Having served as the first Chairman of St. Lucia's TEF from 2013 to 2016, Destang hailed its virtues, disclosing the Fund has generated more than $7 million and fueled more than 500 projects.
The executive director of St. Lucia's award-winning Bay Gardens Resorts highlighted some of TEF's key projects, including its agricultural linkages program, workforce development and training programs, SLHTA young leaders program, sponsorship of the St. Lucia culinary team and the "Chefs in Schools" program, clean-up campaigns as well as local and regional disaster relief efforts, including assistance to Dominica in 2017.
"Our award-winning Virtual Agricultural Clearing House program has helped generate more than $1 million annually in sales for farmers from hotels and has cost us less than $100,000 a year," said Destang, addressing the meeting's theme 'Beyond Resiliency - Reigniting Our Growth Engine'.
He stressed SLHTA's success, which can be quantified in social and economic terms, has built tremendous goodwill and "has helped us to successfully argue that anything that helps improve the hospitality sector's performance can directly benefit society at large."
Noting other Caribbean nations have previously set up TEFs, he advised his Dominican counterparts to extensively consult with one another before applying a TEF 'to your own reality'. One option, Destang suggested, may be to make TEF contributions mandatory given the intimate size of the island's room stock. "My experience is that clients are quite happy to pay the fee once they understand what it is used for."
Commending Dominica for recent steps it has taken towards sustainability and resiliency (especially next year's ban on plastic disposables and Styrofoam containers), he noted its citizens have "a real opportunity to build back better and stronger".
In closing, Destang said the "Nature Isle" ought to leverage tourism's benefits and its linkages to lift its people out of poverty. Although tourism's resurgence must be driven by the private sector, he said government will need to provide important facilitation through policies, capital access, infrastructural investment and ensuring ease of doing business. However, government and the DHTA alone cannot reignite the country's growth engine, Destang counselled. Buy-in from civil society is crucial. "In Dominica, I see tremendous potential. Nature and eco-tourism is a growing niche which you have mastered," he said.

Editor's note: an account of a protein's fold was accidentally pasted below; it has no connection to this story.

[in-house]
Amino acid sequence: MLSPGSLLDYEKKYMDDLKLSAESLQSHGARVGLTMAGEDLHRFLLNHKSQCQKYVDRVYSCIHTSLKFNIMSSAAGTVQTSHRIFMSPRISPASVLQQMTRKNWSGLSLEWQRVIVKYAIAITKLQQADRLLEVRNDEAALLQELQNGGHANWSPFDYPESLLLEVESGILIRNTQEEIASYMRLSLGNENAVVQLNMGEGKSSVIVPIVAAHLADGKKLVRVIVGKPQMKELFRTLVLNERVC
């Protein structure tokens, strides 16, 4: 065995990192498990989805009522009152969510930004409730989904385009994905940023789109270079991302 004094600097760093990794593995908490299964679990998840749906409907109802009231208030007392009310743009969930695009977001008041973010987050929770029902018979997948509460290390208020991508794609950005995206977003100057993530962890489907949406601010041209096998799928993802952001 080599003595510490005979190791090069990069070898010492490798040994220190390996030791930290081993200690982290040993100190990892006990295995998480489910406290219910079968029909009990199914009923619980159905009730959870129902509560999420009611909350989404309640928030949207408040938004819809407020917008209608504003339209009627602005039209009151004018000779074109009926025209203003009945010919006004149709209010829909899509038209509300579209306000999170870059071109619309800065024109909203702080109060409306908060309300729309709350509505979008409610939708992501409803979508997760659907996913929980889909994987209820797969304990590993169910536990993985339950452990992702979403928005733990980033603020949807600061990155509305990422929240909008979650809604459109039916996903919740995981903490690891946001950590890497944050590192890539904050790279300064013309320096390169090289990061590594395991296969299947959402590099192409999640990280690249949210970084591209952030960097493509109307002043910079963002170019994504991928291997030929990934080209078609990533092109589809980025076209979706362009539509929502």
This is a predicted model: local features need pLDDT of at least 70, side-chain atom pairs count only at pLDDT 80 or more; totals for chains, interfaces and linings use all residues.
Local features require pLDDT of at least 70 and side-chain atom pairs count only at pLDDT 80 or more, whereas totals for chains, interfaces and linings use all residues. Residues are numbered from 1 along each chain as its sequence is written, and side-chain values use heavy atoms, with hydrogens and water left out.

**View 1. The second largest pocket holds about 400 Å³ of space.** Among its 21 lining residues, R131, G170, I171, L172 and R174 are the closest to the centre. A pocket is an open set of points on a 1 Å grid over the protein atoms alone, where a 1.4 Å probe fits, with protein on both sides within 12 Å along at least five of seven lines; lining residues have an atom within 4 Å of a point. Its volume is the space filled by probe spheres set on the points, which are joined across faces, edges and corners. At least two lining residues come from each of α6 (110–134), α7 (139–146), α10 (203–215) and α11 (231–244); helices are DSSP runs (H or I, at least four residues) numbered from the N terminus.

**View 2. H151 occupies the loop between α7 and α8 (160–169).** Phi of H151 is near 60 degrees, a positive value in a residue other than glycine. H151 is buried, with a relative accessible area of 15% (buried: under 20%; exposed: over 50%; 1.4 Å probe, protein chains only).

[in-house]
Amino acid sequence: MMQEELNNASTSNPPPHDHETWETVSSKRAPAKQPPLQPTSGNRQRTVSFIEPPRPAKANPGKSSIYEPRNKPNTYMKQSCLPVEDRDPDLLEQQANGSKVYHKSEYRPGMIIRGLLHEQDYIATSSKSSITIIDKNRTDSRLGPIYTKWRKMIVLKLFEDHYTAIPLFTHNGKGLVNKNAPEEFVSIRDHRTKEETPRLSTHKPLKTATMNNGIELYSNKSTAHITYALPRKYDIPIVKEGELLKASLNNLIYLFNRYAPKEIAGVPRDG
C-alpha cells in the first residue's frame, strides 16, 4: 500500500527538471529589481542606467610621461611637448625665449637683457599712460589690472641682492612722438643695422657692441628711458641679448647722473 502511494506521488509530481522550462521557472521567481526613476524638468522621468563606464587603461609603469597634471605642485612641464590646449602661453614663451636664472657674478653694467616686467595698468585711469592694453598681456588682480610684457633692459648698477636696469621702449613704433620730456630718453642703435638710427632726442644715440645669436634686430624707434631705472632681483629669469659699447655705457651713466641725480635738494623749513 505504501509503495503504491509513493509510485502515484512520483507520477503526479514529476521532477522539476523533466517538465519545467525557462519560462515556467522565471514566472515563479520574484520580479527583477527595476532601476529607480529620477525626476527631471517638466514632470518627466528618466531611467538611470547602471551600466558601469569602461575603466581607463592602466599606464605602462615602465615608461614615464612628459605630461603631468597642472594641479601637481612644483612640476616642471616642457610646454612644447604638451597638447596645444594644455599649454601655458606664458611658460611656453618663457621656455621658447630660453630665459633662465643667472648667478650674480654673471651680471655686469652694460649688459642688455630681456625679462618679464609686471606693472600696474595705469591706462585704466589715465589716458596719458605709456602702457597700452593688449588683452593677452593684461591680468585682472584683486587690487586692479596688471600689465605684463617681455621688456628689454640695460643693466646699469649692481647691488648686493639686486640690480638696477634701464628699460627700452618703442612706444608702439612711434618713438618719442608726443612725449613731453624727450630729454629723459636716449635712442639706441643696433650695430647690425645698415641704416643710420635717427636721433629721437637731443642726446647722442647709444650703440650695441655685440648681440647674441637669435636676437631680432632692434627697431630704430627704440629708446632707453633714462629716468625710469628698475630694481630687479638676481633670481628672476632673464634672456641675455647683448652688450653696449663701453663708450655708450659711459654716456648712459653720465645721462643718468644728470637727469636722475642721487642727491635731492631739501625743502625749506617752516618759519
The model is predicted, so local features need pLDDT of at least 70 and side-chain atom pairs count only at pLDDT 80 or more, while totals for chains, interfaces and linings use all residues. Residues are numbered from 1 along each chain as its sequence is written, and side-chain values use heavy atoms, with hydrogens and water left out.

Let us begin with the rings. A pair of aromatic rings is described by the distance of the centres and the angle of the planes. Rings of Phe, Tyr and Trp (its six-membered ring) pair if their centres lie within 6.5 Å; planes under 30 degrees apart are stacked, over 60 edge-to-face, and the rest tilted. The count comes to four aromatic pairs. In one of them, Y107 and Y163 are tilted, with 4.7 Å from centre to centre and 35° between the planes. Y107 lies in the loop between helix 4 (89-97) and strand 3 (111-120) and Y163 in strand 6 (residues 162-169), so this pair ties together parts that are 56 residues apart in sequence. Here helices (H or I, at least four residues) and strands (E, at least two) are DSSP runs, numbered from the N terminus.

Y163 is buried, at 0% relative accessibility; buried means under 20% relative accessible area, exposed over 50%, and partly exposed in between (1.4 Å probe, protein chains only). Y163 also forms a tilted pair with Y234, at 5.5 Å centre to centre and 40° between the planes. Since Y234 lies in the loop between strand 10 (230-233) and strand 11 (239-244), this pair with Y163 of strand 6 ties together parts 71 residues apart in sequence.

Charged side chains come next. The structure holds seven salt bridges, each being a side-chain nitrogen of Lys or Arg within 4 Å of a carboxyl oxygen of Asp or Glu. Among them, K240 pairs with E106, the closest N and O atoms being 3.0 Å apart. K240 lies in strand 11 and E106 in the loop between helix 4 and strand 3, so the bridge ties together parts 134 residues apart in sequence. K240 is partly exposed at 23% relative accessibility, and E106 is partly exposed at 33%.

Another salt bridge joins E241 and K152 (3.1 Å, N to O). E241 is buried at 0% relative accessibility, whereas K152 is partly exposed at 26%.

Describing Dominica as "authentic and unspoiled", he concluded: "We try to manufacture that now and you have it naturally. You are literally the last of your kind in this part of the world and a critical part of Brand Caribbean. The entire Caribbean is rooting for you and eagerly awaits your comeback - but none more than your sister island, St. Lucia."
Author Darcel Choy
July 13, 2018
When Tourism Taxes Become Excessive
By David Jessop
News Americas, LONDON, England, Fri.
As the reach and range of taxation has expanded, Caribbean hoteliers in particular have become uneasy about the impact that increasing levels of taxation may have on their competitiveness and that of the country they are located in.
Most accept that government’s ability to raise revenue is important, not just to ensure that tourism infrastructure, destination marketing and incentives are in place, but to provide the education, social services and all else that a state is expected to provide. The consequence is that although hoteliers regularly complain, and investors seek the longest possible tax holidays, for the most part the industry begrudgingly accepts that they and their guests must contribute to the national economy.